“Timberlake was supposed to do pest management work, but he was fascinated by bees, and began collecting them, especially at UCR,” he said. “He caught 460 species of bees in the City of Riverside, which illustrates their outstanding diversity. A dream of mine is to see how many of these species are still around in Riverside. Creating small gardens like the Entomology Teaching Garden can have a large impact on native bee populations. If we build out more of these gardens locally, perhaps I can track down most of the bee species that were here in the early 1900s.” 

McFrederick explained that wild bees make their living in a variety of ways: nesting underground and in trees, abandoned bird nests, and snail shells. He expects the garden will make it possible to study other ways bees make their living. A focus of his work is studying microbial symbioses between bees, bacteria, and fungi. He said the Entomology Teaching Garden can help him better understand how flowers serve as hubs for bees to share microbes. 

Patricia Sanchez.jpg
Student Patricia Sanchez uses a pooter to catch very small insects in the Entomology Teaching Garden. (UCR/Stan Lim)

“Flowers are like drinking fountains in elementary schools where kids swap viruses,” he said. “In flowers, good bacteria — not just pathogens — can also be swapped around. I am interested in sampling flowers year-round to learn where these bacteria spend winters.”

Wilson Rankin said some plants in the garden attract pests like aphids. She would like to know if the garden attracts native predators that eat these pests.

“Which native predators are attracted to the garden would be very relevant to my invasion ecology class,” she said.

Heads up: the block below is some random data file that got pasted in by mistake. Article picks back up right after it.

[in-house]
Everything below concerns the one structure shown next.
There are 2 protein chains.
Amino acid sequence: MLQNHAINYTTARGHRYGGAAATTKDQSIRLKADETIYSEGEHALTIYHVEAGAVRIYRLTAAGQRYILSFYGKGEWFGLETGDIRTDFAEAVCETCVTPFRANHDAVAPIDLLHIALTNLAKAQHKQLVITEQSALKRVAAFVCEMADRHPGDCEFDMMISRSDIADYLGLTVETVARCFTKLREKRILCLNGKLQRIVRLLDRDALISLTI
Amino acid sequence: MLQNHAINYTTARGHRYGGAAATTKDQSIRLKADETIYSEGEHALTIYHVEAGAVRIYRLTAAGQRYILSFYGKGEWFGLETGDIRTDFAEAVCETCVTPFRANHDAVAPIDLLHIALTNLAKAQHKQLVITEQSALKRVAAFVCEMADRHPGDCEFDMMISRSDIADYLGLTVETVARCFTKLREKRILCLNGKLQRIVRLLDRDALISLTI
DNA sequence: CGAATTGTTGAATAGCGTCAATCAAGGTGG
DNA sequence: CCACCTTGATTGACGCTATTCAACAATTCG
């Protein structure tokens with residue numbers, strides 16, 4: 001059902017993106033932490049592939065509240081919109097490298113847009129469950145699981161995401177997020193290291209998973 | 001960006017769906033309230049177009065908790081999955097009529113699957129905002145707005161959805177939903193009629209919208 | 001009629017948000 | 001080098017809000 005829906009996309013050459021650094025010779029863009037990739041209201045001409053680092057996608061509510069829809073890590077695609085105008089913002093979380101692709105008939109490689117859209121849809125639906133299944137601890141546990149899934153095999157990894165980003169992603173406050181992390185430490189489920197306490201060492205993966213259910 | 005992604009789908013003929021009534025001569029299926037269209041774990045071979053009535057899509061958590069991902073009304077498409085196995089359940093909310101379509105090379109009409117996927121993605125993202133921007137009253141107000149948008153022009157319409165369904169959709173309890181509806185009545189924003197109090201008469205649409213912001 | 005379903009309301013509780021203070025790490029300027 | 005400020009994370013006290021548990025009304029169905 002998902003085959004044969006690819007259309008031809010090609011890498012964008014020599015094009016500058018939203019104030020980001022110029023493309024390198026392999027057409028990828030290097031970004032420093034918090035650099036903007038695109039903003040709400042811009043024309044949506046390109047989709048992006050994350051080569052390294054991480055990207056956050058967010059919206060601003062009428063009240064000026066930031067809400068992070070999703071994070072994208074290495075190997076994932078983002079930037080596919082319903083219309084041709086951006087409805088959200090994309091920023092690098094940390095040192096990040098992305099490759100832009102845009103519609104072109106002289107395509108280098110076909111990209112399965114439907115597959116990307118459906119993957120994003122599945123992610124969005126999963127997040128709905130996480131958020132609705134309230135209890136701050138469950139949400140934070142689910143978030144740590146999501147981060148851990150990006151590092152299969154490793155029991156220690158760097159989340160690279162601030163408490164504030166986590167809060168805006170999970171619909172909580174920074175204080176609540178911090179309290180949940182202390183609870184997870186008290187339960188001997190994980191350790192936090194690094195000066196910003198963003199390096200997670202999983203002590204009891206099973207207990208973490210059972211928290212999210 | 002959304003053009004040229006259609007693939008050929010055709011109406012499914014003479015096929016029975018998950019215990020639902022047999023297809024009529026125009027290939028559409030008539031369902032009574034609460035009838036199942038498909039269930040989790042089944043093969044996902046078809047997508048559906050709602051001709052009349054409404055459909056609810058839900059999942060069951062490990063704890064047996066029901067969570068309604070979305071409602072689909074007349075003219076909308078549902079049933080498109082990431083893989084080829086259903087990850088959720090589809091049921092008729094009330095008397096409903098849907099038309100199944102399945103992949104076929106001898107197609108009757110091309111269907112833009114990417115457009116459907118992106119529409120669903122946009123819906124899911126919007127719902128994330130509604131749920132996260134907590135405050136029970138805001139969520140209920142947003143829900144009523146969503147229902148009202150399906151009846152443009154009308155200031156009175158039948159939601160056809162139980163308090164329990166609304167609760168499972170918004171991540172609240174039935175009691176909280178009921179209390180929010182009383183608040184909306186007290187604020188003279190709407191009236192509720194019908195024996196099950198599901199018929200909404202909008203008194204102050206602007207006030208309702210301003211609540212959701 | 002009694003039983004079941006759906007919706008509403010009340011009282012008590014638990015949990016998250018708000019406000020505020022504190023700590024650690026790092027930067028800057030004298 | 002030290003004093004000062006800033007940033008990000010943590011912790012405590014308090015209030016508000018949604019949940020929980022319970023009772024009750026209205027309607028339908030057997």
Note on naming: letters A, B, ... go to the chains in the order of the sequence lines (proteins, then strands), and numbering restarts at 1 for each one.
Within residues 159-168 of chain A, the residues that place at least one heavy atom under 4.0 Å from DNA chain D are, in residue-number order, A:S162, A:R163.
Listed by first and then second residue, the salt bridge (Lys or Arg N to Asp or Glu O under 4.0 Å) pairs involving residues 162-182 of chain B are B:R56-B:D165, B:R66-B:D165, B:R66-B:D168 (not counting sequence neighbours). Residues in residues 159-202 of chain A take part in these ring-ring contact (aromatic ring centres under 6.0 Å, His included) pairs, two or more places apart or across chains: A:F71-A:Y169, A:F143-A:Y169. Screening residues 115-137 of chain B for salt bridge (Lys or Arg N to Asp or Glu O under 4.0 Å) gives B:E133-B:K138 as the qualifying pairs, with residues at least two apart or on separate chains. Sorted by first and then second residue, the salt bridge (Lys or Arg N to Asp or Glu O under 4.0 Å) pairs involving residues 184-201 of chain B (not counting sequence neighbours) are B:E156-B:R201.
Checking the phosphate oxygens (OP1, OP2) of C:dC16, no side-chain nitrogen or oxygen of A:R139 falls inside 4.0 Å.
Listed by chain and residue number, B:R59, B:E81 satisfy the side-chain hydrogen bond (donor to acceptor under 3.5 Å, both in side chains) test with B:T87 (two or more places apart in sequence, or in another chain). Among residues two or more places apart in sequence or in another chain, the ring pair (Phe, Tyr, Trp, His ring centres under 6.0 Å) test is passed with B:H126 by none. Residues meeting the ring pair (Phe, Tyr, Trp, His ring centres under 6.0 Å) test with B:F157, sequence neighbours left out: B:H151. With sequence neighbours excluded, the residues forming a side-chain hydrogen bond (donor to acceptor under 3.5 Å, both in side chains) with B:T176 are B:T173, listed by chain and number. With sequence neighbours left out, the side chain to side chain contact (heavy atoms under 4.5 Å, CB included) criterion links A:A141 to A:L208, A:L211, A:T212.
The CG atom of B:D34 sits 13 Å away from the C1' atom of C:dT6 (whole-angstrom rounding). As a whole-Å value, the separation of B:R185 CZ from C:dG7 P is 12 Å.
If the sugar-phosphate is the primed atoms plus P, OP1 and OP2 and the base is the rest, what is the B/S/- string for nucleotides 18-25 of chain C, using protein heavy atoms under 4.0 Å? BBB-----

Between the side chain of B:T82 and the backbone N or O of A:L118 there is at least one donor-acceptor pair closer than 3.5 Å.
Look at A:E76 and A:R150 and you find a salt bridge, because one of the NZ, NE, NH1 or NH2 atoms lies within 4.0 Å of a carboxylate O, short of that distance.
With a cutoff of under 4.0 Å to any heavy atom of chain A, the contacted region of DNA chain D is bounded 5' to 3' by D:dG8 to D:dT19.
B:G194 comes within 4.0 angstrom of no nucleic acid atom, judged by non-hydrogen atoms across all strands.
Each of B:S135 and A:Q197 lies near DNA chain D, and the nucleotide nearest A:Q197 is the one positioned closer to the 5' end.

Rafferty is interested in how climate change and warming temperatures are affecting the plants’ phenology — the timing of life-history events. 

“When are plants starting to flower, when are they producing most flowers, when does their flowering period end, and how does that affect interaction with native pollinators?” she said. “I look forward to doing observational data collection on flowering times in the garden and, along with weather data, examining time series for patterns, correlations, and shifts.”

Entomology Teaching Garden logo.jpg
The logo of the Entomology Teaching Garden. (UCR/Wilson Rankin lab)

For Woodard, the Entomology Teaching Garden is a place she can take students attending her courses on insect behavior and social insects to show them pollinator behavior in action. 

“It’s the perfect setting because the floral resources provided in the garden will attract bees and other insects so that my students and I can easily find them and watch them interacting with flowers,” she said.

All four scientists hope the garden motivates students and members of the public to plant their own gardens to benefit native pollinators and biodiversity. 

“Our garden is a first step showing our dedication to native pollinators and is part of the important conservation work being done on campus,” Wilson Rankin said.

The Entomology Teaching Garden is funded by a grant from the UCR Academic Senate and private donations. To make a donation to the garden please contact Wilson-Rankin.

Header image shows, from L to R, Claudineia Costa, Claudette Torres, Quinn McFrederick, Erin Wilson Rankin, Magda Argueta-Guzman, Patricia Sanchez, and Jessica MacCaro. Costa and Torres work in the Woodard lab; Argueta-Guzman and MacCaro work in the McFrederick lab; and Sanchez works in the Wilson Rankin lab. (UCR/Stan Lim)

Let us help you with your search